Compared to the Nazem Kadri we saw before the hand injury in Game 3 of the Western Conference Finals, the Nazem Kadri we saw in Game 4 wasn’t even on the same planet.
You could tell he still wasn’t 100 percent despite what coach Jared Bednar told ESPN during Wednesday’s first period.
Kadri, one of Colorado’s elite offensive players, had only one chance in regulation and generally wasn’t as effective as we’re used to seeing. And that’s exactly what we expected. But what he did – or didn’t do – in the first 60 minutes didn’t matter.
All that mattered was overtime, and after 12:02 in the extra frame, he converted a breakaway goal, scoring a goal that no one thought about at first, winning against Andrey Vasilevsky. It was an awkward holiday for Avalanche, but they didn’t care.
They are one step away from winning the Stanley Cup.
Kadri’s status was a big topic of conversation at every practice and morning test before game four. He’s been skating at the club for the past two days, but he seemed to be struggling to make quality shots – sure, it was practice, but he looked in visible pain. But Kadri got into the line-up on Wednesday, and although he didn’t make it past the 20-minute mark, Bednar felt comfortable throwing him into the fire no matter what.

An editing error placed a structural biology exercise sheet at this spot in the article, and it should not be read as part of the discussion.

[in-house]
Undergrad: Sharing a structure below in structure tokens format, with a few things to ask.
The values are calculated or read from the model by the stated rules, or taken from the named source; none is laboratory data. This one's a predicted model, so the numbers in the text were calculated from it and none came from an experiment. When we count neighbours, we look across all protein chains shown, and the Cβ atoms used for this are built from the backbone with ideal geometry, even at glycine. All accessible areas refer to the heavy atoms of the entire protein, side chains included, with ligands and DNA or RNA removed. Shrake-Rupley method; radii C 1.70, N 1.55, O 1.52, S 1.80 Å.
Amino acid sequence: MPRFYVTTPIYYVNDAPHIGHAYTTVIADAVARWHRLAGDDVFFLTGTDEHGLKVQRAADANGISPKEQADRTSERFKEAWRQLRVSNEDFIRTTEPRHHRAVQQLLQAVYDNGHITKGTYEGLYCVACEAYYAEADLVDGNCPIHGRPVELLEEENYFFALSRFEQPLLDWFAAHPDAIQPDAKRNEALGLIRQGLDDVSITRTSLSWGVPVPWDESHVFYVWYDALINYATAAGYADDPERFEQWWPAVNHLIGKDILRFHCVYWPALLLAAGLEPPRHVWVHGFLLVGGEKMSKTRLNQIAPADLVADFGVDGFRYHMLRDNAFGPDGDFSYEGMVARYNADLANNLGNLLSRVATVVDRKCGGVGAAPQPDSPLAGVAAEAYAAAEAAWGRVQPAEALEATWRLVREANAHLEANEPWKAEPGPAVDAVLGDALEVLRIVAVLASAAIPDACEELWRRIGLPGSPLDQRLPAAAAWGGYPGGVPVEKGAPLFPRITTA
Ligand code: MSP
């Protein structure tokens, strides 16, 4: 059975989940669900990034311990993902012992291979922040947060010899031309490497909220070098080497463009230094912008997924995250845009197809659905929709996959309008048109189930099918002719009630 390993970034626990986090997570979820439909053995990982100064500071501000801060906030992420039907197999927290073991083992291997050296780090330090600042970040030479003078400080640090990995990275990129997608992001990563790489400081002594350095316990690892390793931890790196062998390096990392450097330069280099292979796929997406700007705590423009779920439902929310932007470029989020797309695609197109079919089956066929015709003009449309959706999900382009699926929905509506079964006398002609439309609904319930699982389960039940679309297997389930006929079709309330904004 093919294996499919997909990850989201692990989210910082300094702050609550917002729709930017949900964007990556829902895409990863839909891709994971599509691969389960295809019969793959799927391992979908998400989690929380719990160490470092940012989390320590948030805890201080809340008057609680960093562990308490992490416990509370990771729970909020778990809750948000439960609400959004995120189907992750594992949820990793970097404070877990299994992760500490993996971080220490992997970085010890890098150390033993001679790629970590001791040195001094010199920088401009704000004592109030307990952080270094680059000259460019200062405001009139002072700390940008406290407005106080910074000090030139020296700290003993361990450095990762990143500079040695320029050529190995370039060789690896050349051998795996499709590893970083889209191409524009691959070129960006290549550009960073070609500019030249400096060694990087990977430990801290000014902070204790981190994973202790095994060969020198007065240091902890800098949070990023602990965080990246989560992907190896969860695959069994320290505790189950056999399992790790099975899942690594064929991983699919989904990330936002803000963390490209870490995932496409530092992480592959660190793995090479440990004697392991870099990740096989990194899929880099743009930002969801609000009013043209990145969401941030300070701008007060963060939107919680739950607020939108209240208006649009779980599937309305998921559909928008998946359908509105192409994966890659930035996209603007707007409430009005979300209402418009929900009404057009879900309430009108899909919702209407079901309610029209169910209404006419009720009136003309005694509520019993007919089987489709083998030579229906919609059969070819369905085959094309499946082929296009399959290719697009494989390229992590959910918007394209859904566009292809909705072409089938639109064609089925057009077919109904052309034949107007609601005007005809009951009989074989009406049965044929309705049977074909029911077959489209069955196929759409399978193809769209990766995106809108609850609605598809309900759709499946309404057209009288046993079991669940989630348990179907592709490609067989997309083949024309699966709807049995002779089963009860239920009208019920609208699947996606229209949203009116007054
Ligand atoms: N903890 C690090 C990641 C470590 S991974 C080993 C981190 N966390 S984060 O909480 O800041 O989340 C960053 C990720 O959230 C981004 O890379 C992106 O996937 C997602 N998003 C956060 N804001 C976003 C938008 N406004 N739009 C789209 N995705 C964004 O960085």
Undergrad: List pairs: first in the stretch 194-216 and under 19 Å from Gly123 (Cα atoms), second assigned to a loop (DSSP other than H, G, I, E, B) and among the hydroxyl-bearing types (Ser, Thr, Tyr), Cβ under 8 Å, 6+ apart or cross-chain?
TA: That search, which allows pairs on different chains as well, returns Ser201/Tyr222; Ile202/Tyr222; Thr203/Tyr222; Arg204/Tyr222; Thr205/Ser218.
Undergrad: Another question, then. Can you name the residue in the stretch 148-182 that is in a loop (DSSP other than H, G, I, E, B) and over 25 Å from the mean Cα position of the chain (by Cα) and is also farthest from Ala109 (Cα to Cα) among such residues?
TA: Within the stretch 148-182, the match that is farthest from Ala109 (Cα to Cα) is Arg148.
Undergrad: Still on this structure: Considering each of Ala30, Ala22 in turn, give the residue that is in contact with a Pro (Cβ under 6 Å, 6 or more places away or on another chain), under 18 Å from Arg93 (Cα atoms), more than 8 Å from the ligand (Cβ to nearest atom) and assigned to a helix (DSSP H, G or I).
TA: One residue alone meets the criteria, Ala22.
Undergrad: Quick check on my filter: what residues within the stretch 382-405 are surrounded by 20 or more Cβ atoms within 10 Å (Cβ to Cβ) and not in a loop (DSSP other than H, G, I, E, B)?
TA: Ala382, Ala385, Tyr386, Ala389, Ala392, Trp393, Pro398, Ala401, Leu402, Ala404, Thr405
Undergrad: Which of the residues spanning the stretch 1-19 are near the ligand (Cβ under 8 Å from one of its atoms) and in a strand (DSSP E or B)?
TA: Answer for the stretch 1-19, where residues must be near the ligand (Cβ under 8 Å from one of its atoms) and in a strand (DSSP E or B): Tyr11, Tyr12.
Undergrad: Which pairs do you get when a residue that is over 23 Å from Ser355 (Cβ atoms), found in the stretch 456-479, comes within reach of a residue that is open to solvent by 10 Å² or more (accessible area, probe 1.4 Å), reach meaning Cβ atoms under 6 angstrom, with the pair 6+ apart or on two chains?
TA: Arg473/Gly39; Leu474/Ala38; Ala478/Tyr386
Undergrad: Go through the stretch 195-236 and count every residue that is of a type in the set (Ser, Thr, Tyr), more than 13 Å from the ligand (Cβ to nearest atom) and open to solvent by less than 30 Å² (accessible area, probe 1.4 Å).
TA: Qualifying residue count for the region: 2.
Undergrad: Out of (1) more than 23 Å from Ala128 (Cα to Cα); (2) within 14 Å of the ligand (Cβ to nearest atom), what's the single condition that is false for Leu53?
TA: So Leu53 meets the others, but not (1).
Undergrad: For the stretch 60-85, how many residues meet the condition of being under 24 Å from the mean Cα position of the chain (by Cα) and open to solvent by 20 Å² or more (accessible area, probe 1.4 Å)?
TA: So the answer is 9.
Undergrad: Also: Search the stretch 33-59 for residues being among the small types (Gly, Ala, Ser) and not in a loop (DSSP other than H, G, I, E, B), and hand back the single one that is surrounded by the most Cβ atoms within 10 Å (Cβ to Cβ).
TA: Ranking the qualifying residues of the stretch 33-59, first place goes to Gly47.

Before the injury, Kadri was one of the leading candidates for Conn Smythe with 14 points in 13 games. It came just after the campaign with 87 points for Colorado, the best result of his career. Losing a player of the caliber of Kadri would be fatal for most teams, but not for the Avalanche.
It’s a great story that a guy coming back from an injury scored because really anyone could have done it. The Lightning had hitting advantage throughout the game before Colorado’s Avalanche of Opportunity reversed momentum in their do-or-die stanza. All the overtimes were screaming for the wobbly game-winning goal, so of course it had to be the goal no one saw.
Kadri’s determination to get to this point, overcoming obvious pain for glory, cannot be ignored. His typical face-to-face style was absent and he avoided being too physical at the boards. He had a few looks throughout the game, but nothing significant until the OT winner.
If you saw him in training on Tuesday, the thought of seeing him in the lineup seemed far-fetched. You knew he wanted to be there, but hand injuries are very important when you’re counting on scoring every night. Kadri’s absence could have been a turning point for the Avalanche, but their depth made up for it. And when Kadri was ready, he did it.
The Avalanche will have a chance to win it all on home ice on Friday when the Ball Arena is incredibly crowded. The Aves have never lost a Stanley Cup in their entire history, and given how heavily the club has dominated the playoffs, shutting it down at home would be a fitting end to what has been a wild playoff.
And there was no better way for the Avalanche to win Game 4 than to score a goal from the team’s last Wolverine.